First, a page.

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EC-211 DATA STRUCTURES LECTURE 11

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2 Tree Data Structure Introduction –The Data Organizations Presented Earlier are Linear in That Items are One After Another –ADTs in This Lecture Organize Data in a Non-Linear, Hierarchical Form, Whereby an Item can Have More Than one Immediate Successor

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Terminology Binary Tree: a finite set of elements that is either empty or is partitioned into three disjoint subsets. – The first subset contains a single element called the root of the tree – The other two subsets are themselves binary trees, called the left and right sub-trees of the original tree – Each element of a binary tree is called a node

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4 A Binary Tree Q V T K S A E L

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5 Terminology If there is an Edge from Node n to Node m, Then n is the Parent of m, and m is a (left or right) Child of n Each Node in a Tree Has at Most One Parent, and the Root of the Tree has no Parent Children of the Same parent are Called Siblings A Node That Has no Children is Called a Leaf Example Figure: –Node A is the Root of the Tree, –Nodes B and C are Children of Node A –A is an Ancestor of D, and Thus, D is a Descendant of A –B and C are Not Related by Ancestor and Descendant Relation A FED C B

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6 Example: Jake’s Pizza Shop Owner Jake Manager Chef Brad Carol Waitress Waiter Cook Helper Joyce Chris Max Len

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7 Owner Jake Manager Chef Brad Carol Waitress Waiter Cook Helper Joyce Chris Max Len A Tree Has a Root Node ROOT NODE

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8 Owner Jake Manager Chef Brad Carol Waitress Waiter Cook Helper Joyce Chris Max Len Leaf nodes have no children LEAF NODES

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9 Owner Jake Manager Chef Brad Carol Waitress Waiter Cook Helper Joyce Chris Max Len A Subtree LEFT SUBTREE OF ROOT NODE

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10 Owner Jake Manager Chef Brad Carol Waitress Waiter Cook Helper Joyce Chris Max Len Terminology RIGHT SUBTREE OF ROOT NODE

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11 Applications Because Trees are Hierarchical in Nature, You Can Use Them to Represent Information That Itself is Hierarchical in Nature, For Example Organization Charts and Family Trees VP Manufacturing Director Sales Director Media Relations VP Marketing VP Personnel President RoseJoseph John Jacqueline Caroline

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12 Example: How many leaf nodes? Q V T K S A E L

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13 Example: How many descendants of Q? Q V T K S A E L

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14 Example: How many ancestors of K? Q V T K S A E L

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15 Terminology Trees come in Many Shapes. Level of a Node n –If n is the Root, it is at level 0. –If n is not the Root, its Level is 1 Greater Than the Level of its Parent Depth (also called Height) of Tree –Length of the Longest Path (in terms of number of edges) From the Root to a Leaf –Maximum level of any leaf in the tree A ED C B G F A A B BCC D DE E F F G G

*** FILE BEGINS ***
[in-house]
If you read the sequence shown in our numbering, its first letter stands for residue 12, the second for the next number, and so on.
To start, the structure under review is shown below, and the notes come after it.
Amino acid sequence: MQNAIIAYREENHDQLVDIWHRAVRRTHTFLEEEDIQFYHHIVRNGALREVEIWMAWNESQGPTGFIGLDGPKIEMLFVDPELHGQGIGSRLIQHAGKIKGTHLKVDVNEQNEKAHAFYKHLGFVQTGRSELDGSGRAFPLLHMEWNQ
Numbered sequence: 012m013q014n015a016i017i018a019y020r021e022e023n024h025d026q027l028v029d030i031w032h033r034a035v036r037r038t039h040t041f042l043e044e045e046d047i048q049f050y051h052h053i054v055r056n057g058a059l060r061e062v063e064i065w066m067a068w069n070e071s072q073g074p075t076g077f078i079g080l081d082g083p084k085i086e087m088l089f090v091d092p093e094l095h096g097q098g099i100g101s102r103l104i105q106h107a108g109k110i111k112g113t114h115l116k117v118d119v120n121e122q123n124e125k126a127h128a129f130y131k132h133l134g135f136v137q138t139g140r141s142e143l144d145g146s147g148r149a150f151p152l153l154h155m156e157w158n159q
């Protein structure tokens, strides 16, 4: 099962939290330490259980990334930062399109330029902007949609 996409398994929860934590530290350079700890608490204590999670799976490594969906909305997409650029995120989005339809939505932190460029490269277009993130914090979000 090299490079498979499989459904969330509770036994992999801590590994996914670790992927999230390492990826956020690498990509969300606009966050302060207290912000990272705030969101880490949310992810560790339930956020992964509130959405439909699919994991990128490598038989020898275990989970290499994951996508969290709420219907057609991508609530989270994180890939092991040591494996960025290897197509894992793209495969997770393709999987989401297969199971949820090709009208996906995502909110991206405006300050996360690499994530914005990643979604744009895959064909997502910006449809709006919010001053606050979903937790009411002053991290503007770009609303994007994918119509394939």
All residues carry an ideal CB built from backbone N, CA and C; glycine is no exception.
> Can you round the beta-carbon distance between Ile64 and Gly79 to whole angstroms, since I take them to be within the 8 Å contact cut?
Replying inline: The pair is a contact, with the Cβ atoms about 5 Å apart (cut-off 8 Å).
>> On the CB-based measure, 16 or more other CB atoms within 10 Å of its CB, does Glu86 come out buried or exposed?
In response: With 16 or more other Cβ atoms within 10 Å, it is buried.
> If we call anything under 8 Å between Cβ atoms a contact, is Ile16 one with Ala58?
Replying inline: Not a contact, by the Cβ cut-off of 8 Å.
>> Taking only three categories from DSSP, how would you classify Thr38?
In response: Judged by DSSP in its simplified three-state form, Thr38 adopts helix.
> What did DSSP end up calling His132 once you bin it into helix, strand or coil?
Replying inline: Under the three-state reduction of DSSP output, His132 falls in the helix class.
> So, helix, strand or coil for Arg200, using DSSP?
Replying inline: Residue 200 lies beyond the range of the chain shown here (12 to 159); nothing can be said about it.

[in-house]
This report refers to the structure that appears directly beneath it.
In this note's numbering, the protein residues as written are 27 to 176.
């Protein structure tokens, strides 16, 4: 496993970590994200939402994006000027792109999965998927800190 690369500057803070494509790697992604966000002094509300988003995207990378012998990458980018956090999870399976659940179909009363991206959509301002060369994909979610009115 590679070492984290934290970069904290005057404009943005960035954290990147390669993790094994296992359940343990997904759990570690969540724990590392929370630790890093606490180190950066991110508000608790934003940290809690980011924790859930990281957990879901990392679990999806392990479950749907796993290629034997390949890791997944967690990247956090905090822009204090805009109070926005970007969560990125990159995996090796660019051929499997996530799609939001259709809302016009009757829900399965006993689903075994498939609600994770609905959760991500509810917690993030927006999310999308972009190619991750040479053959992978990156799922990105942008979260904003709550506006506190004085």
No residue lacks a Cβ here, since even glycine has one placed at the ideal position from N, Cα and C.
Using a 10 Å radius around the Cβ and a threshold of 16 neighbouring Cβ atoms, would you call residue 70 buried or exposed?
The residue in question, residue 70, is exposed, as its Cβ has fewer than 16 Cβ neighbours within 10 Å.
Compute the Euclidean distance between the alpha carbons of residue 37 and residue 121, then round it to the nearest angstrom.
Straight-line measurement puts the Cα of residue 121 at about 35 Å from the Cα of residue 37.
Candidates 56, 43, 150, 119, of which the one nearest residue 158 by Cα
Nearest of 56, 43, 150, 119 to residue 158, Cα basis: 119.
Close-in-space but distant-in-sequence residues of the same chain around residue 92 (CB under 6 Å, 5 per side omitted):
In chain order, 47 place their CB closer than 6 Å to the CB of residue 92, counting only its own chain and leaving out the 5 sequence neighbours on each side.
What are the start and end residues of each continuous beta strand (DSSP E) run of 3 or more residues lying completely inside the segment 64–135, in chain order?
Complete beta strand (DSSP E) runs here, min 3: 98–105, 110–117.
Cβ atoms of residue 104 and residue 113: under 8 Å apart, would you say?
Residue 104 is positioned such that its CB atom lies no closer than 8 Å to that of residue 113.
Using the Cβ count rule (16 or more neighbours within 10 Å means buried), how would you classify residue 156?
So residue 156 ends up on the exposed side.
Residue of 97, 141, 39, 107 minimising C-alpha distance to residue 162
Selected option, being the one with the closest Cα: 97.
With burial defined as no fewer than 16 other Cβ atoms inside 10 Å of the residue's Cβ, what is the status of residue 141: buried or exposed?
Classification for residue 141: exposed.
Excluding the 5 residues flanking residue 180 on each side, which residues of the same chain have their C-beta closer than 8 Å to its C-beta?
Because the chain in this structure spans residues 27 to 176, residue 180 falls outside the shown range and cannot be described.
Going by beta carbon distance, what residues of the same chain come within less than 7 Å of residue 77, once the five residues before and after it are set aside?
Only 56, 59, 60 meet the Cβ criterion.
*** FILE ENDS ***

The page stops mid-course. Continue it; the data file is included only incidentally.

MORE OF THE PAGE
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16 Owner Jake Manager Chef Brad Carol Waitress Waiter Cook Helper Joyce Chris Max Len A Tree Has Levels LEVEL 0

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17 Owner Jake Manager Chef Brad Carol Waitress Waiter Cook Helper Joyce Chris Max Len Level One LEVEL 1

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18 Owner Jake Manager Chef Brad Carol Waitress Waiter Cook Helper Joyce Chris Max Len Level Two LEVEL 2

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19 Terminology Strictly Binary tree –In a strictly Binary Tree, all non-leaf Nodes Have exactly Two Children Each. Not A strictly Binary Tree A strictly Binary Tree

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20 Terminology A Complete Binary Tree of Height h is a strictly binary tree all of whose leaves are at Level h A complete Binary Tree of Height 3

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21 Traversals of a Binary Tree When Traversing any Binary Tree, the Algorithm has Three Choices of When to Visit the Node r: –It Can Visit r Before it Traverses both of r’s Subtrees –It Can Visit r After it Has Traversed r’s Left Subtree T L But Before it Traverses r’s Right Subtree T R –It Can Visit r After it Has Traversed Both of r’s Subtrees These Traversals are Called Preorder, Inorder, and Postorder traversals Respectively

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22 Traversals of a Binary Tree Preorder Traversal 1. Visit the root 2. Traverse the Left subtree in Preorder 3. Traverse the Right subtree in Preorder

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23 Preorder Traversal: J E A H T M Y ‘J’ ‘E’ ‘A’ ‘H’ ‘T’ ‘M’‘Y’ root

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24 Traversals of a Binary Tree Inorder Traversal 1. Traverse the Left subtree in Inorder 2. Visit the root 3. Traverse the Right subtree in Inorder

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25 Inorder Traversal: A E H J M T Y ‘J’ ‘E’ ‘A’ ‘H’ ‘T’ ‘M’‘Y’ root

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26 Traversals of a Binary Tree Postorder Traversal 1. Traverse the Left subtree in Postorder 2. Traverse the Right subtree in Postorder 3. Visit the root

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27 ‘J’ ‘E’ ‘A’ ‘H’ ‘T’ ‘M’‘Y’ root Postorder Traversal: A H E M Y T J

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